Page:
Schacht hi-lo spindle

That's a Schacht hi-lo spindle and she spins fast, she does. Sigh. My second spindle. She shall help me a-ply my pile o' stuffs. Mebbe even spin heavier than fingering and sport weights. 

I picked her up at Mind's Eye Yarns in Cambridge. Lucy demonstrated spinning from the fold and getting a good spin by rolling down the thigh. Wheeeeee! She also showed how to get a wicked fast spin by flicking with the feet. Man oh man. Between the faster, heavier spindle, spinning from the fold, and picking up speed on the spin, a whole new horizon just opened up for me. I had read about the fold and thigh thing but couldn't visual the latter or think of a reason to try the former. While I was gazing longingly at her merino/silk top, it suddenly occurred to me that maybe I could spin my merino/silk top from the fold. Might make it much more spinnable! It was so finicky I was waiting to get a wheel before going back to it. Enter demo and childish glee.

I could barely contain myself on the (long) drive home. And here I am, telling you about it rather than practicing. Laters!

PS: In the interests of full disclosure, I also picked up these:

My first Spin-Off magazines

PPS: I had a dye fest last night using food coloring. Tonight's goodies preempts the chronicling; details tomorrow.

First, let me tell you how it used to work: I see yarn, I buy yarn; I see patterns, I buy patterns. Very simple. Very expensive.

And then we got a house. And a mortgage. And joined finances...

Here's how it works now:

Every month (except when I don't have a job, which is now), we get a bit of "mad money" which we can use for anything we want. What do I want? Yarn! Patterns! And now, Fiber! Spinning Wheel! And dyes!

Ahem, getting sidetracked.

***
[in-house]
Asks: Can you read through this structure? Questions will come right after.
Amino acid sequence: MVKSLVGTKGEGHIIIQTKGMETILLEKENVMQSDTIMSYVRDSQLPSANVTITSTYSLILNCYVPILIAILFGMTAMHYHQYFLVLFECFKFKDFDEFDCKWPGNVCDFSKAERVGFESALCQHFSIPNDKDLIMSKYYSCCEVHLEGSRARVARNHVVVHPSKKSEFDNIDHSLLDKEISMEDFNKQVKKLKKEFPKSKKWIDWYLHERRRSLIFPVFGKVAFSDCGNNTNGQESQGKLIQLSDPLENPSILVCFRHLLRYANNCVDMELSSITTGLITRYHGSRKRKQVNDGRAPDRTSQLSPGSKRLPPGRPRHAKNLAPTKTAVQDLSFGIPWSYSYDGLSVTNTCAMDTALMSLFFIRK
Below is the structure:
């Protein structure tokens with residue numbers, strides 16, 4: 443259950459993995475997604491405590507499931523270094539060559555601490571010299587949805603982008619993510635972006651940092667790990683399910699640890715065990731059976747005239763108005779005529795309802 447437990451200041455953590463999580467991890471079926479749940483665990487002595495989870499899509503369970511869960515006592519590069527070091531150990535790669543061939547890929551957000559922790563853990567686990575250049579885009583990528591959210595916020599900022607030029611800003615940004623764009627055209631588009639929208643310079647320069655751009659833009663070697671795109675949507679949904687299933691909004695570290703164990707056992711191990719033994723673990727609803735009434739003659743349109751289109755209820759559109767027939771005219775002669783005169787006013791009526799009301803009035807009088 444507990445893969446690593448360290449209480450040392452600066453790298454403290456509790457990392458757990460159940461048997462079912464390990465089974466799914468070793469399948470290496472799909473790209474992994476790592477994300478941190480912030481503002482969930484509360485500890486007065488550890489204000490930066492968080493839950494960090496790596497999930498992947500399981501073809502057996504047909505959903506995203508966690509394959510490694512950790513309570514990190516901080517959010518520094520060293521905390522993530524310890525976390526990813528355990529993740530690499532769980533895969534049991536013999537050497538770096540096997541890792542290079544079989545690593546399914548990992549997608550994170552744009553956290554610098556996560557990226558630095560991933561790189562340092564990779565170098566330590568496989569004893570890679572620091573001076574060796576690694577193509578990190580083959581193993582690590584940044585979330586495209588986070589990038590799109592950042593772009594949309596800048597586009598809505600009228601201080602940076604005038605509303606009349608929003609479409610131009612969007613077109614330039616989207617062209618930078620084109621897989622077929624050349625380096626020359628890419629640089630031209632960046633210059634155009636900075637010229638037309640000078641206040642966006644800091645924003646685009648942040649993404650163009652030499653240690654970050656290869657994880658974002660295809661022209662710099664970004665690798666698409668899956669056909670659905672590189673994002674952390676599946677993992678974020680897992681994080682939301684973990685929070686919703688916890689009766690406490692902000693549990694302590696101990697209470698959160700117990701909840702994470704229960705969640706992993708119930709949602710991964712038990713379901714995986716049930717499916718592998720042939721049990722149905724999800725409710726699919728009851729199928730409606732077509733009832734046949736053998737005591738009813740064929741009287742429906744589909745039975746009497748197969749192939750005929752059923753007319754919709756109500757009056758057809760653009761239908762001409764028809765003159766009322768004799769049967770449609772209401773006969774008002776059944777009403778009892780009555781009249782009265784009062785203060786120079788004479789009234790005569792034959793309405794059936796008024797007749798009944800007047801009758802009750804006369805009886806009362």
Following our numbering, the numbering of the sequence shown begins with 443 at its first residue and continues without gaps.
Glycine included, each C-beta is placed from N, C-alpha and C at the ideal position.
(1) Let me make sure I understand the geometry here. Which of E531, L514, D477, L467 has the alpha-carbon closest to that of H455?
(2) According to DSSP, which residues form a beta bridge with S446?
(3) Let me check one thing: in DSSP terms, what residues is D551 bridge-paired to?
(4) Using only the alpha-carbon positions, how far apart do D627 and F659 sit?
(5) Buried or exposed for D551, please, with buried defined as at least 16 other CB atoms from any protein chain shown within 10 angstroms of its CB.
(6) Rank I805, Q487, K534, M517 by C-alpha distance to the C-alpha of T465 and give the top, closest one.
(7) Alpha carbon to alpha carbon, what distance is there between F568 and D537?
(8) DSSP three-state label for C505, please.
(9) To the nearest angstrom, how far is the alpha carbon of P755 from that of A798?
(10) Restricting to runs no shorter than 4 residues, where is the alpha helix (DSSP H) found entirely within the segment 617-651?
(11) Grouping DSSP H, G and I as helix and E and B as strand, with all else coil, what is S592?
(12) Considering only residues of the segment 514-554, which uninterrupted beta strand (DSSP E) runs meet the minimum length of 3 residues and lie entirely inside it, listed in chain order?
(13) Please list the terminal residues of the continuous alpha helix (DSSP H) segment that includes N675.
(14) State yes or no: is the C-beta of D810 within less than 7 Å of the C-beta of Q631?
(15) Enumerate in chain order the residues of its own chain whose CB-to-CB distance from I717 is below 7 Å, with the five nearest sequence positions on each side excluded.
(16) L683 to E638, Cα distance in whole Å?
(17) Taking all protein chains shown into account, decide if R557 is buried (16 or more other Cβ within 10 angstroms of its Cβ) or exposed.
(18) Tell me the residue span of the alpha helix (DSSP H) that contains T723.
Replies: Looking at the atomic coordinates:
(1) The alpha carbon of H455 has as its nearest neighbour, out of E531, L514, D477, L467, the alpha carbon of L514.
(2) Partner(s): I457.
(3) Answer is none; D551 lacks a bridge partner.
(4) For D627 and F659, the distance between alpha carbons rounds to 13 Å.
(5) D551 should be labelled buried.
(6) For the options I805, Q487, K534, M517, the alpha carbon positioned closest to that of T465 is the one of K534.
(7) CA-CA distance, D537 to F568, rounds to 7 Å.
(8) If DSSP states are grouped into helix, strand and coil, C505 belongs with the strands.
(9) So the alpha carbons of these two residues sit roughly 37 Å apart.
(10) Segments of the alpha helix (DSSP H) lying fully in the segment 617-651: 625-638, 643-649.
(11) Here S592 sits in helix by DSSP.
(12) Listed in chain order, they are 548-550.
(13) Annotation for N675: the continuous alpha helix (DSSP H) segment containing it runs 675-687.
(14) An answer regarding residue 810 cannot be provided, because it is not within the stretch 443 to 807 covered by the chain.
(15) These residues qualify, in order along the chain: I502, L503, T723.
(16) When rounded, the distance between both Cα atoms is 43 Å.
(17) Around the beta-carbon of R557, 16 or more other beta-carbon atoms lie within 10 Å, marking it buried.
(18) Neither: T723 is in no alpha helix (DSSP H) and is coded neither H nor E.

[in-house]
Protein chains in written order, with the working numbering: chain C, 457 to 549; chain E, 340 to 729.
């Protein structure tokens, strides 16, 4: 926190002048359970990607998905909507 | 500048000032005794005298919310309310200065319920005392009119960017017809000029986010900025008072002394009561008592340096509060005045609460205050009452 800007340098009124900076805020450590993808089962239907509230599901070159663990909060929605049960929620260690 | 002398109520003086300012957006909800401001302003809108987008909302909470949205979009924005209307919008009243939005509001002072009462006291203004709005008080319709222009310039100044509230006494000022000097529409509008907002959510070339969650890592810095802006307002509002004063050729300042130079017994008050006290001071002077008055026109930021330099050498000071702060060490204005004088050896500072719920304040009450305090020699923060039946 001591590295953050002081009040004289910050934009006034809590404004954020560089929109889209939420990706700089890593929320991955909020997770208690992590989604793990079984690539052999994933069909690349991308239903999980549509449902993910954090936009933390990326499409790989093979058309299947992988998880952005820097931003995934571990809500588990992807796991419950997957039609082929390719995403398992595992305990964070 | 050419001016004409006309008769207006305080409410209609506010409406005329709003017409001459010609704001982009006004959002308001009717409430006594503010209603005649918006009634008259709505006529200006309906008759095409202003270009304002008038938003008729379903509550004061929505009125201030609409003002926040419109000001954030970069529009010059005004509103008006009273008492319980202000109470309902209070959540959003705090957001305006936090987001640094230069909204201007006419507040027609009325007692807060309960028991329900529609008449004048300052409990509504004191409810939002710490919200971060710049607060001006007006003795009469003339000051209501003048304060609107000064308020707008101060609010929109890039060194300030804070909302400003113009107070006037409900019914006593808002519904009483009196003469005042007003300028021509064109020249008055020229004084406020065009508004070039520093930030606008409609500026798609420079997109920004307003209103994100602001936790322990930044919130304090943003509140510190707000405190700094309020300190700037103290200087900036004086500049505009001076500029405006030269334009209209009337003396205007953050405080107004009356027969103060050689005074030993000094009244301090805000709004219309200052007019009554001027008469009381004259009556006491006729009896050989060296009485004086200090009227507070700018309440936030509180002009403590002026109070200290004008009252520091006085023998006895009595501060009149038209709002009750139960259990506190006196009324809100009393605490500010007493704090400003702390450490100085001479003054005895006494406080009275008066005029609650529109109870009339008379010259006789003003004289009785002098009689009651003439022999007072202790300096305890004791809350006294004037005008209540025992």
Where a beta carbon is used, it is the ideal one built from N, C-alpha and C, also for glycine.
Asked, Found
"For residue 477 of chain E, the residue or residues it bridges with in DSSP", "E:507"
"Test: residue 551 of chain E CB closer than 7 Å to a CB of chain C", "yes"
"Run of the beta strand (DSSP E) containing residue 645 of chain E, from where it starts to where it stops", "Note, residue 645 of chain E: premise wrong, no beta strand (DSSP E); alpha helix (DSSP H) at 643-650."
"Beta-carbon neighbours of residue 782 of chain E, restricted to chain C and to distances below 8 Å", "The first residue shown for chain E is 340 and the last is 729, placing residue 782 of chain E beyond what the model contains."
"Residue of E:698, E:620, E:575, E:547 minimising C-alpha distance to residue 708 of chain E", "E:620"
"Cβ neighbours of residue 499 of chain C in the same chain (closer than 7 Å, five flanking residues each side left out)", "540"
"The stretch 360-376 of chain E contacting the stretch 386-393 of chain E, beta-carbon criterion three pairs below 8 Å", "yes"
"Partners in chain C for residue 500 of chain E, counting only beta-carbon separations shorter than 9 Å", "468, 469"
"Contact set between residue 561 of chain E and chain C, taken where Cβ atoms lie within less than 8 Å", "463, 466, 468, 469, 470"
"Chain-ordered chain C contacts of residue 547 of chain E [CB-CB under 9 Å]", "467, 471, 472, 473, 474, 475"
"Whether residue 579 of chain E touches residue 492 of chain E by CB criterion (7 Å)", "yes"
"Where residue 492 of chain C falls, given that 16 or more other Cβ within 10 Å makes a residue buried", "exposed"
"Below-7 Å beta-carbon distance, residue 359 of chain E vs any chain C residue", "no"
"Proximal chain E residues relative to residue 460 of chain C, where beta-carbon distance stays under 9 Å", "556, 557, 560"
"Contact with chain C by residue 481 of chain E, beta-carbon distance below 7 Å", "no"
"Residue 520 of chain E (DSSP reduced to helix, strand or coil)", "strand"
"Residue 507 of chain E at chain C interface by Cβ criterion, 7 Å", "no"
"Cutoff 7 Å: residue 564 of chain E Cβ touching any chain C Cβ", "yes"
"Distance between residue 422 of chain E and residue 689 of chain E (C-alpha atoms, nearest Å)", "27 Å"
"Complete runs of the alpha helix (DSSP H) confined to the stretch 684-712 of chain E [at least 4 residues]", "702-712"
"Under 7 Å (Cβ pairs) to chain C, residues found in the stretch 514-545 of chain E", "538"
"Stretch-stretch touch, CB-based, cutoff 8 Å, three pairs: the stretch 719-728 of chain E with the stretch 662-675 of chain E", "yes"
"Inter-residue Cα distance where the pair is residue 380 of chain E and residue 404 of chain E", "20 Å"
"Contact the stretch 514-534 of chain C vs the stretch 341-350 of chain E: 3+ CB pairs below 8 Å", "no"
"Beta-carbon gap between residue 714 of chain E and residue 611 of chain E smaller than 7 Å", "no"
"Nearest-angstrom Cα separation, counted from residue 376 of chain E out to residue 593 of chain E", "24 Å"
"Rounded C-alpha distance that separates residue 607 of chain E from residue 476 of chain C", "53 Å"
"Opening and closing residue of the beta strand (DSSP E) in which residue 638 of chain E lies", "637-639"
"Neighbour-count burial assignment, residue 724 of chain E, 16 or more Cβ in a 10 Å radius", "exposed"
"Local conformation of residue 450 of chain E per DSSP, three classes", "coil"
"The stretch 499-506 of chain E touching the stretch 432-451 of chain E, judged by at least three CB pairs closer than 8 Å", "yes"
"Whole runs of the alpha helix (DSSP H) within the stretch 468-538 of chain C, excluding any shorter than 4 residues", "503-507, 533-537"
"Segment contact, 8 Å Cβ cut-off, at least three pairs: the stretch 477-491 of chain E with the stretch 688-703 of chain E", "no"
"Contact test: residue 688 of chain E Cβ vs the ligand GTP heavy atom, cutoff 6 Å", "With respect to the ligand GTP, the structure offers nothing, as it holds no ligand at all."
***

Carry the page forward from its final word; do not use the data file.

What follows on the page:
The mad money goes into our personal Budgets, from which we justify personal unnecessary expenses (though I think it's harsh to call yarn unnecessary). We also have a "gifts budget", sort of. That is, we buy gifts for certain occasions, like New Year's, birthdays, thank you's, that kind of thing. (Why yes, it's just like you!) Except, because I often knit gifts, and we would have bought gifts, and gifts I knit came from yarn out of my mad money -- breathe -- when I complete gifts, I get reimbursed and get to add back money to my Budget.

It's an interesting arrangement. I don't buy yarn for "ideas" anymore... err, not so much. I try to knit from stash. I end up knitting many more gifts than I would have. Don't get me wrong -- I don't make gifts for "financial/yarn gain" only, it's just another incentive. And apparently, it's a pretty good one when it comes to finishing gifts on time. Because there's always something else I want. And I can't have it unless I finish something, more specifically, a gift. Or when the new month rolls around. (I also make gifts "just because" that don't get reimbursed. And I do a lot of "just because" knitting to try a yarn or pattern.)